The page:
# Problem Set 3

How many different minimum cuts are there in a tree with nodes (ie. edges)?

- \(n - 1\)
- \(2^n - 2\)
- \(\binom{n}{k}\)
- \(n\)

**ANSWER:** , since every edge represents a distinct minimum cut (with one crossing edge). Option 1 is correct.

Let “output” denote the cut output by Karger’s min cut algorithm on a given connected graph with vertices, and let , Which of the following statements are true?

- For every graph with nodes, there exists a min cut of such that
- There exists a graph with nodes and a min cut of such that
- For every graph with nodes and every min cut of ,
- For every graph with nodes, there exists a min cut of such that
- For every graph with nodes and every min cut of ,

**ANSWER:** We know that the probability of finding a certain min cut is lower bounded by , so options 1 and 3 are true. What is non-trivial is that whether or not there exists a graph and a min cut such that the probability of finding it is at most . This is, in fact, possible, for example, a graph with only two nodes and one edge. The probability of finding the min cut is and that is also the same value for . Therefore option 2 is also correct.

Let be some constant. Suppose you are looking for the median element in an array using RANDOMIZED SELECT (as explained in lectures). What is the probability that after the first iteration the size of the subarray in which the element you are looking for lies is ≤ ⍺ times the size of the original array?

- \(\alpha - \frac{1}{2}\)
- \(1 - \alpha\)
- \(2\alpha - 1\)
- \(1 - \frac{\alpha}{2}\)

**ANSWER:** Clearly, if the chosen pivot is , the size of the subarray cannot be . Therefore, we have an upper bound on the choice of the pivot, . By symmetry, we must have a lower bound on the choice of pivot, otherwise, the size of the subarray cannot be . For example, if , and , in order for the size of the subarray , the pivot cannot be the greater than the 7th element, or smaller than the 3rd element. The probability of both of these cases is ; therefore, the probability of none of these cases is . Option 3 is correct.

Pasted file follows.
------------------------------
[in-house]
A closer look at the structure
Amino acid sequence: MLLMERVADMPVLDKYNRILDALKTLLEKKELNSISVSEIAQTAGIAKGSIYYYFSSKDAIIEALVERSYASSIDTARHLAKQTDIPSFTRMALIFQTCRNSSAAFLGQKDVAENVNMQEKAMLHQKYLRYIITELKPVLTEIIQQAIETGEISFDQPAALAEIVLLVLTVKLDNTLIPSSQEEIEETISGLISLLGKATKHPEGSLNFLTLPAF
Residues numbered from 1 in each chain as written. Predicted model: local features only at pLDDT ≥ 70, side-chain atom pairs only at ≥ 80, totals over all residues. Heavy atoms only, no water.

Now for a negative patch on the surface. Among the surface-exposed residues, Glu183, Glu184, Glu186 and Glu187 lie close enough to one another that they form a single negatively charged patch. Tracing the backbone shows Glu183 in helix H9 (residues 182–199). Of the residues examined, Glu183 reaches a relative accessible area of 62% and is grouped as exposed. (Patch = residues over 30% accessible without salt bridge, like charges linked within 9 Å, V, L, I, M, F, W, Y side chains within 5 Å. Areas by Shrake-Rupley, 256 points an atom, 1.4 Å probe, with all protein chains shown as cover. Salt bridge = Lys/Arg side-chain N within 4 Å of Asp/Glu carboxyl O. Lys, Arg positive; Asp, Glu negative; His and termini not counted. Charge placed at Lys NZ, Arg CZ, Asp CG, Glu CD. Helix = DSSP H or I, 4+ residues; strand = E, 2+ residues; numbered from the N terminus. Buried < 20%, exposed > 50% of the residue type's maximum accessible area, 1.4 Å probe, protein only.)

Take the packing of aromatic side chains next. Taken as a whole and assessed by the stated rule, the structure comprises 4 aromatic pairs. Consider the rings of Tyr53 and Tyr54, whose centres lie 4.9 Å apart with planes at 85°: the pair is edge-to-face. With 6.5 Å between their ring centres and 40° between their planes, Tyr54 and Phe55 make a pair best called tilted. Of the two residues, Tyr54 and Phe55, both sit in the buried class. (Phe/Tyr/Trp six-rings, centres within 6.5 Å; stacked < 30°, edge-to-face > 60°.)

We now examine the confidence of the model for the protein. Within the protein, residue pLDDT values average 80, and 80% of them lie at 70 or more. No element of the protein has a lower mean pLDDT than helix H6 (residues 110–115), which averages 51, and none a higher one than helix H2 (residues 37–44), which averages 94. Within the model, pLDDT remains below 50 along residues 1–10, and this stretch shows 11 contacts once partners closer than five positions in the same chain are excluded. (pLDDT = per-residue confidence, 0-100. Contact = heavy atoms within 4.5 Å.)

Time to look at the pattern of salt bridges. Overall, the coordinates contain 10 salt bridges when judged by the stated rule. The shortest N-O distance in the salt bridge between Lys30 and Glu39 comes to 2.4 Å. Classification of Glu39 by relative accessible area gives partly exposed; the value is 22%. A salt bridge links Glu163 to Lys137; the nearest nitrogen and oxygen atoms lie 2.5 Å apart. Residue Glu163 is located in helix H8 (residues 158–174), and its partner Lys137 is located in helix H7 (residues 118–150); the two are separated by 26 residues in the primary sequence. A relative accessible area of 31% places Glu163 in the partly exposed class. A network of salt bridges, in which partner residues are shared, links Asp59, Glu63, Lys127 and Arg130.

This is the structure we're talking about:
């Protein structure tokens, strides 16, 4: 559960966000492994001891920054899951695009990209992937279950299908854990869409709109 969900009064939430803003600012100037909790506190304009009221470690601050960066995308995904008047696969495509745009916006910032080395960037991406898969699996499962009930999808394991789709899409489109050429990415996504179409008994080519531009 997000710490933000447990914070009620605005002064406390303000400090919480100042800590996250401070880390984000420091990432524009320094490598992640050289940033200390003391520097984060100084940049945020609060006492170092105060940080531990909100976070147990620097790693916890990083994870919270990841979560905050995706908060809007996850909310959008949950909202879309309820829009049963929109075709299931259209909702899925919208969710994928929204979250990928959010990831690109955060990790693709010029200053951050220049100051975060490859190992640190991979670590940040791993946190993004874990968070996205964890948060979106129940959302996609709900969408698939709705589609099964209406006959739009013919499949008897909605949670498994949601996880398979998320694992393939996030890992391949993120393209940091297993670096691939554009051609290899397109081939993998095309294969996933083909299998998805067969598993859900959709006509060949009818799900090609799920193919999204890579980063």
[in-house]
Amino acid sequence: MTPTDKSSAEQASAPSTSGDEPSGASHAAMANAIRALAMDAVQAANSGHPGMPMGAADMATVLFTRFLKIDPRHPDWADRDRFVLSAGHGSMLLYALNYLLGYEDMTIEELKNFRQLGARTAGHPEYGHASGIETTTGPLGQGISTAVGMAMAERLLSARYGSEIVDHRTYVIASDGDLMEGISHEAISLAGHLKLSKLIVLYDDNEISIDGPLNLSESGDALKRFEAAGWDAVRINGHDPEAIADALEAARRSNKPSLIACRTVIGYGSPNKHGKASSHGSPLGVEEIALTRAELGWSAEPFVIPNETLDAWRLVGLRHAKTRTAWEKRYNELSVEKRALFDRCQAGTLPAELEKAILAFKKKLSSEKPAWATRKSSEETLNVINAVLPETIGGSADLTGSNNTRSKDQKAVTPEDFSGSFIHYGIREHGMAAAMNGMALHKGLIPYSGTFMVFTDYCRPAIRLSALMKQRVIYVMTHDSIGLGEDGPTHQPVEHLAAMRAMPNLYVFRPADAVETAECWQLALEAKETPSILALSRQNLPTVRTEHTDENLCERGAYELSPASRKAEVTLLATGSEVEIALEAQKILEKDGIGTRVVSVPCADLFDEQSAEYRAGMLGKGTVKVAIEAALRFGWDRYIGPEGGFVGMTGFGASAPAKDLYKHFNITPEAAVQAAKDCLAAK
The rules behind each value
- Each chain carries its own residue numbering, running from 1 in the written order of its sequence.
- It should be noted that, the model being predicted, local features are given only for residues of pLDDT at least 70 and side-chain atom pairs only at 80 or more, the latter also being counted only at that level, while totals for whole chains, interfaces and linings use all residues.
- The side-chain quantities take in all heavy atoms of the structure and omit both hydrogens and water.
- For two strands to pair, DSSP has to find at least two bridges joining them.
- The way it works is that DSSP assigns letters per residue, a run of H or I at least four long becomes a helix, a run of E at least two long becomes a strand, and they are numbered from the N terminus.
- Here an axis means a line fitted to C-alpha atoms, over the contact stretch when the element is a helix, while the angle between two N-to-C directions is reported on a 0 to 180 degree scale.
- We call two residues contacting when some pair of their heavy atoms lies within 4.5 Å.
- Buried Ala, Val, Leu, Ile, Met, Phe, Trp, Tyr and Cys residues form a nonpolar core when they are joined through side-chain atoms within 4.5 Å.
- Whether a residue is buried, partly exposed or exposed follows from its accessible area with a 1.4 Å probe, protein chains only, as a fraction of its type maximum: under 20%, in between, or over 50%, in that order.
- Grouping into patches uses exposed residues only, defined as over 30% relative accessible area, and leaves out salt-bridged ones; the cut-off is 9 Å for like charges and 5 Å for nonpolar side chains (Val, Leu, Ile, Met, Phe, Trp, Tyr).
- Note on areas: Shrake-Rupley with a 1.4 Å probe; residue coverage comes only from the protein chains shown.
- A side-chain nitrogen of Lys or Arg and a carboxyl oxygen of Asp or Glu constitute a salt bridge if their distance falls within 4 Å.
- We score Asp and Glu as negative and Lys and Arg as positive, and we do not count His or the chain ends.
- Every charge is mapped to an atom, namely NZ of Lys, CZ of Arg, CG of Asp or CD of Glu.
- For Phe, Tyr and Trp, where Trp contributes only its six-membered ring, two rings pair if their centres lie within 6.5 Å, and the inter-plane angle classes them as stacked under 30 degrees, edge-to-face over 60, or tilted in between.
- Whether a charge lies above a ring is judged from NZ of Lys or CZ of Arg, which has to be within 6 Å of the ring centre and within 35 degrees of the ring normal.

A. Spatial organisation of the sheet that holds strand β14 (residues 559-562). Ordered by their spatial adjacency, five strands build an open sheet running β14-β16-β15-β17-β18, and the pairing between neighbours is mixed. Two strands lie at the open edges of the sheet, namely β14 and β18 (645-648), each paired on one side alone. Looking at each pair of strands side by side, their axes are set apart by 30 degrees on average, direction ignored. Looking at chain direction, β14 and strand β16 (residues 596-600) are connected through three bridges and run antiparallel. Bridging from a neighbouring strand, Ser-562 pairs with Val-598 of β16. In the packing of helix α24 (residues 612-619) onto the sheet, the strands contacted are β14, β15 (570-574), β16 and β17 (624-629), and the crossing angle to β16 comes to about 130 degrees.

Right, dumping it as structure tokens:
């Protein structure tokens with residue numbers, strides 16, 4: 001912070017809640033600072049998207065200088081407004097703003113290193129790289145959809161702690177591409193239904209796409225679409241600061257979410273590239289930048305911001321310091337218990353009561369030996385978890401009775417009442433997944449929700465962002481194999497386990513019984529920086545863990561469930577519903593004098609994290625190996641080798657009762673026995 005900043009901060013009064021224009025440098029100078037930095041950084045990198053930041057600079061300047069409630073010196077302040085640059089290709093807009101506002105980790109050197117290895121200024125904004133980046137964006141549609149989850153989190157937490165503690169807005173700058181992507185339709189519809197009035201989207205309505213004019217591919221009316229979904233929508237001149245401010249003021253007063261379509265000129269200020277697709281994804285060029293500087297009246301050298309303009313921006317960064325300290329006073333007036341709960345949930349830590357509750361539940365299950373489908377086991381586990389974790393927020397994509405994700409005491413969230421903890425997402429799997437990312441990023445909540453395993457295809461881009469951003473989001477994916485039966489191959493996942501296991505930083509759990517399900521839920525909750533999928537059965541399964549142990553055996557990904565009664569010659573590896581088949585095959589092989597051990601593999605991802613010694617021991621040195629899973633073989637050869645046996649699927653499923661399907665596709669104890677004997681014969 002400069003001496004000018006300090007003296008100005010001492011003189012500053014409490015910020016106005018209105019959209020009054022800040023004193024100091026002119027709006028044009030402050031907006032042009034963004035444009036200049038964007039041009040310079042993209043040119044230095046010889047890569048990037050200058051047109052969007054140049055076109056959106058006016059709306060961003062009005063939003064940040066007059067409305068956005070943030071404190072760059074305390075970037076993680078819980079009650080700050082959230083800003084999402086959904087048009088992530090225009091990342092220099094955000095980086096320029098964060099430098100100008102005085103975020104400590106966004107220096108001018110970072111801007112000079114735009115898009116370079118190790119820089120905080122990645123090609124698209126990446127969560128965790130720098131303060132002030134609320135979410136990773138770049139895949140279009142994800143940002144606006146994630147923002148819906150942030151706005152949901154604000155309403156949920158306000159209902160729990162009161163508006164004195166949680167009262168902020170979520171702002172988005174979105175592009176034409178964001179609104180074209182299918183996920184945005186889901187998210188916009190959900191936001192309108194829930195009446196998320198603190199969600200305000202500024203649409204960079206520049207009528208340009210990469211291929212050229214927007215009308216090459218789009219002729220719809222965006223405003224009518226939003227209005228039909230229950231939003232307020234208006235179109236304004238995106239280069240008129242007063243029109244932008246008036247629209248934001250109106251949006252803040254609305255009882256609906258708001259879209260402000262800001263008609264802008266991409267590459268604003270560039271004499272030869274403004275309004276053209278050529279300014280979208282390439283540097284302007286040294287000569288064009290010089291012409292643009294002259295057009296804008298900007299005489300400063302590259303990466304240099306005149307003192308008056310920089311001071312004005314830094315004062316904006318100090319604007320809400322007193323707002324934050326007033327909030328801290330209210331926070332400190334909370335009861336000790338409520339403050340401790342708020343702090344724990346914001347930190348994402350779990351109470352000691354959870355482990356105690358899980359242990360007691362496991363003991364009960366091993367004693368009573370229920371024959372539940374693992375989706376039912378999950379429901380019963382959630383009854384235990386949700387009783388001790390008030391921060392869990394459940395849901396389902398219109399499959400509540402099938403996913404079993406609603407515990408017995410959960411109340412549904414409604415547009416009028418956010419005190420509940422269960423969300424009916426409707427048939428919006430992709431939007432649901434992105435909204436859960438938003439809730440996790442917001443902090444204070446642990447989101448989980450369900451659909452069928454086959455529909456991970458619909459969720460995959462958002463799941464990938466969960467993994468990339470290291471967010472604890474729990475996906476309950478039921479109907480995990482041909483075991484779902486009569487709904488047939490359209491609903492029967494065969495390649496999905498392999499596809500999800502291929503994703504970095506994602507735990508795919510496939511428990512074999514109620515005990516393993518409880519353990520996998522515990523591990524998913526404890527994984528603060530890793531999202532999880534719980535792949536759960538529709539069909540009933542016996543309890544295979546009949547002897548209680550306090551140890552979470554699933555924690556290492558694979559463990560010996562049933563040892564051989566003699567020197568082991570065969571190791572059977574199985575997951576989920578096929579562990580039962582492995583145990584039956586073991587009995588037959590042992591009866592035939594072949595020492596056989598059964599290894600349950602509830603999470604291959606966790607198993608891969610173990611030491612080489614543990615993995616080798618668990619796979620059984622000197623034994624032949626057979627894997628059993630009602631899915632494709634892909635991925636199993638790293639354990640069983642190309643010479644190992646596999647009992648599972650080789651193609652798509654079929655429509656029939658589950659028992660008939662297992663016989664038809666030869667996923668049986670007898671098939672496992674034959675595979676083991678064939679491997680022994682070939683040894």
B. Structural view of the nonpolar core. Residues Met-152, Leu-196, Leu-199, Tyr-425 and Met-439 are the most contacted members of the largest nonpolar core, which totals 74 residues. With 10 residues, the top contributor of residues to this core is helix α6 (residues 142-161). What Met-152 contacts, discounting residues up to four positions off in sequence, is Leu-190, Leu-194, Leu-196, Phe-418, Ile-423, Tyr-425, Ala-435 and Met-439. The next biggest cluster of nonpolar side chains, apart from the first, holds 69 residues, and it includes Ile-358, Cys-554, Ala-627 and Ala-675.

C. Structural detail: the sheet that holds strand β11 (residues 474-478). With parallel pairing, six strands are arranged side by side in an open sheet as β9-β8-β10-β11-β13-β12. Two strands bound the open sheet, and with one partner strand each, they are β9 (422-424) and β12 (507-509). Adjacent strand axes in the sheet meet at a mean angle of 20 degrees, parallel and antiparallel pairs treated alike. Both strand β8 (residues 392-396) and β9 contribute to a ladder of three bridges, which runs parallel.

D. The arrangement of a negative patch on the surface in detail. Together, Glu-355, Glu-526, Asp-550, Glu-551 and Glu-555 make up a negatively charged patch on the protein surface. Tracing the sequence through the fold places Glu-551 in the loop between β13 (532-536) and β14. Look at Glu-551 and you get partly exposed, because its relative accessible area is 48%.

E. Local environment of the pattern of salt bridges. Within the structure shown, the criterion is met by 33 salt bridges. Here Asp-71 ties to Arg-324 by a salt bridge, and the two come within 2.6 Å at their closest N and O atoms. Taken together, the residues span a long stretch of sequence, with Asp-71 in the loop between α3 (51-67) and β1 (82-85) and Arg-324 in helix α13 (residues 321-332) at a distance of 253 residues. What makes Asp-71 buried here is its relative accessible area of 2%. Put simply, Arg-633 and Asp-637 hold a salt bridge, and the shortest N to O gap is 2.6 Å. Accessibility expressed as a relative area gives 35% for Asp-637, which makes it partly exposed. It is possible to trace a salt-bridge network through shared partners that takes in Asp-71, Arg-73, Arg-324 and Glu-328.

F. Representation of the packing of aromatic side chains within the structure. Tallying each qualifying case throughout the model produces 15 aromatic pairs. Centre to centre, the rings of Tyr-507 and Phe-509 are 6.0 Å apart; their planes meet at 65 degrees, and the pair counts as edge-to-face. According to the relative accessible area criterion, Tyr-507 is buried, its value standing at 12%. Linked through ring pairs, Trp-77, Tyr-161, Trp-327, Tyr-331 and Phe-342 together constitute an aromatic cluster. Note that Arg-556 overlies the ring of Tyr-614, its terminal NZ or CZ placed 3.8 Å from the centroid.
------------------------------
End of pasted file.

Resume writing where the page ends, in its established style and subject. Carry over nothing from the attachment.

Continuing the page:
Let be a constant, independent of . Consider an execution of RSelect in which you always manage to throw out at least a fraction of the remaining elements before you recurse. What is the maximum number of recursive calls you’ll make before terminating?

- \(-\frac{\log n}{log(1 - \alpha)}\)
- \(-\frac{\log n}{ \alpha}\)
- \(-\frac{\log n}{log \frac{1}{2} + \alpha}\)
- \(-\frac{\log n}{log \alpha}\)

**ANSWER:** Let be the height of the recursion tree, . Therefore, . Option 4 is correct.

The minimum s-t cut problem is the following. The input is an undirected graph, and two distinct vertices of the graph are labelled “s” and “t”. The goal is to compute the minimum cut (i.e., fewest number of crossing edges) that satisfies the property that s and t are on different sides of the cut.

Suppose someone gives you a subroutine for this s-t minimum cut problem via an API. Your job is to solve the original minimum cut problem (the one discussed in the lectures), when all you can do is invoke the given min s-t cut subroutine. (That is, the goal is to reduce the min cut problem to the min s-t cut problem.)

Now suppose you are given an instance of the minimum cut problem – that is, you are given an undirected graph (with no specially labelled vertices) and need to compute the minimum cut. What is the minimum number of times that you need to call the given min s-t cut subroutine to guarantee that you’ll find a min cut of the given graph?

- \(n - 1\)
- \(n\)
- \(\frac{n}{2}\)
- \(2^n\)

**ANSWER:** Fix to be one of the vertex and vary across all others, then we are done by picking the smallest cut, therefore, we need at most call. Option 1 is correct.